When your baby is burning up, one of the first moves you probably make is to reach for the thermometer. The American Academy of Pediatrics recommends using a digital thermometer to get an accurate reading, but you have several options when it comes to which thermometer to use. Weigh the pros and cons and select the thermometer that you feel is right for your baby.
Digital thermometers are usually the cheapest option for taking your baby's temperature, which is one of the reasons why they're also among the most commonly used in households with children. You might be able to get one of these thermometers for as little as $3. These thermometers can take your child's temperature in her mouth, in her rectum or under her armpit. Digital thermometers have easy-to-read displays, making them a handy and quick way to determine your child's temperature. The drawback to some digital thermometers is that they aren't always accurate, especially if your baby is trying to spit one out or is trying to get the thermometer out of her rectum or out from under her arm. Pacifier thermometers are another type of digital thermometer and they take your baby's temperature as she sucks on the pacifier.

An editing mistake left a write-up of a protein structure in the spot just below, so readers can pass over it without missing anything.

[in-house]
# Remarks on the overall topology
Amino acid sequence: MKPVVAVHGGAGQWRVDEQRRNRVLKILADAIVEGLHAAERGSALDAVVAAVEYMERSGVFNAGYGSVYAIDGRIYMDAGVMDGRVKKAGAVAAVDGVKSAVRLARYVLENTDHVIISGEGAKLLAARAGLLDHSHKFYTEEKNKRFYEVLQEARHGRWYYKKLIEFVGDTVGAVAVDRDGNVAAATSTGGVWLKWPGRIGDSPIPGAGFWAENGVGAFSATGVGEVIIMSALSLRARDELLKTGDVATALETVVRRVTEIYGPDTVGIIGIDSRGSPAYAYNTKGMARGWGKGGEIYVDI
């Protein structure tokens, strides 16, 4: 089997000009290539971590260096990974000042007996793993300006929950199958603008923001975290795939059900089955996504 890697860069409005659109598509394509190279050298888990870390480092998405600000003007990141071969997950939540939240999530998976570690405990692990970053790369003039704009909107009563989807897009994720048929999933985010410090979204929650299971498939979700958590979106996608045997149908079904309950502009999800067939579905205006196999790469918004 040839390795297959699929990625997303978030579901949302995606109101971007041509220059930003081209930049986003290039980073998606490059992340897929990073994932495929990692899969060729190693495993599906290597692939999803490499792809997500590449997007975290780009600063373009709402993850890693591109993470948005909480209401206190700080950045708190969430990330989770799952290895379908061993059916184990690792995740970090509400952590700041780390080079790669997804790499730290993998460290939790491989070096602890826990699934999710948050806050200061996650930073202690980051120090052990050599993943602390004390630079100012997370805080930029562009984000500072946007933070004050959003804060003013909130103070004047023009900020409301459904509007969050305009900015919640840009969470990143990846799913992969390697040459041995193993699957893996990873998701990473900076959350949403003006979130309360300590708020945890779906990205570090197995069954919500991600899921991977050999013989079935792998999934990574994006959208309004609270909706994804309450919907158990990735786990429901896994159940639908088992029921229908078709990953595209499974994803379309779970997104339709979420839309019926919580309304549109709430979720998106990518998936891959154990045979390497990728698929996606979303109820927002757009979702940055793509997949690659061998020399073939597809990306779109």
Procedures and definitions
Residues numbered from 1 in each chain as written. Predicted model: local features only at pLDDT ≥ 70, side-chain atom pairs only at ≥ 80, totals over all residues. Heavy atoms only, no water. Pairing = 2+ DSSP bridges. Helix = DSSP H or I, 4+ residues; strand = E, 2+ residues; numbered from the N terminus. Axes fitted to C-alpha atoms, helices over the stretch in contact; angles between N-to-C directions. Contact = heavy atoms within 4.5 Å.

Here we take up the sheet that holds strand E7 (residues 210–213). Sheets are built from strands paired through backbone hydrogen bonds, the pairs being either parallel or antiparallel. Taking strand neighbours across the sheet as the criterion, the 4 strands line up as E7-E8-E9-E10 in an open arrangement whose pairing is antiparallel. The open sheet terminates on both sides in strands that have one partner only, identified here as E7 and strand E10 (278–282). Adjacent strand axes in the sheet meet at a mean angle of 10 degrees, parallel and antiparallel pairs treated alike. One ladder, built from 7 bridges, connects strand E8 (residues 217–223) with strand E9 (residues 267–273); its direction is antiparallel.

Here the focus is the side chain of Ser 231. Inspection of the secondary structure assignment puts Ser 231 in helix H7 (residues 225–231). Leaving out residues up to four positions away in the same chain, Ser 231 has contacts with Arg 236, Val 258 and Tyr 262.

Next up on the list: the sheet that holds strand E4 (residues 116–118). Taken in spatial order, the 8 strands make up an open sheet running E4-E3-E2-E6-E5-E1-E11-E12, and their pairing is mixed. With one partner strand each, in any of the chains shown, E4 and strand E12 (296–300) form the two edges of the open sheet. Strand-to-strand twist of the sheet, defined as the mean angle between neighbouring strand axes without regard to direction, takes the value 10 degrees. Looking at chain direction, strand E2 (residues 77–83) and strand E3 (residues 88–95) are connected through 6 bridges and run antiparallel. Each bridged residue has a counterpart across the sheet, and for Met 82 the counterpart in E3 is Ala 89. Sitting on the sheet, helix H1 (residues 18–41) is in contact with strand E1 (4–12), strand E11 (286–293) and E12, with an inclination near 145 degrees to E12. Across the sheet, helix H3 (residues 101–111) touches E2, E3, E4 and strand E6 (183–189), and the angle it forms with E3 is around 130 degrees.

A temporal artery, or forehead, thermometer scans the artery that runs across your baby's forehead. These thermometers use infrared technology to get a fast reading, which makes them one of the most convenient options for parents. One drawback, according to HealthyChildren.org, is that temporal artery thermometers aren't as accurate in babies under 3 months of age. They are also more expensive than digital thermometers and run as low as $25 dollars to more than $100.
Tympanic thermometers are the ones you see in pediatrician offices most often, and they take your baby's temperature by sticking the tip into her ear canal. They can take a temperature in as little as one second, which is why doctors rely on them. Tympanic thermometers aren't always accurate, however, because if your baby has ear wax or if the tip isn't positioned properly, it can affect the reading. These aren't reliable for babies under 6 months of age either, according to HealthyChildren.org. These types of thermometers are more expensive than digital versions.
Opt for one of these types of thermometers over a glass and mercury version, which is probably what you remember from your childhood. While they will still provide an accurate temperature reading, they aren't recommended any longer because they can break, which will release mercury, according to MayoClinic.com. No matter what type of thermometer you choose, clean and sanitize it before and after each use. Use warm, soapy water or rubbing alcohol to kill germs and prevent their spread to other members of your family. If you take your baby's temperature rectally, reserve a special thermometer for that. Even if you sanitize it, don't use a thermometer that you've used rectally to take your baby's temperature in her mouth.
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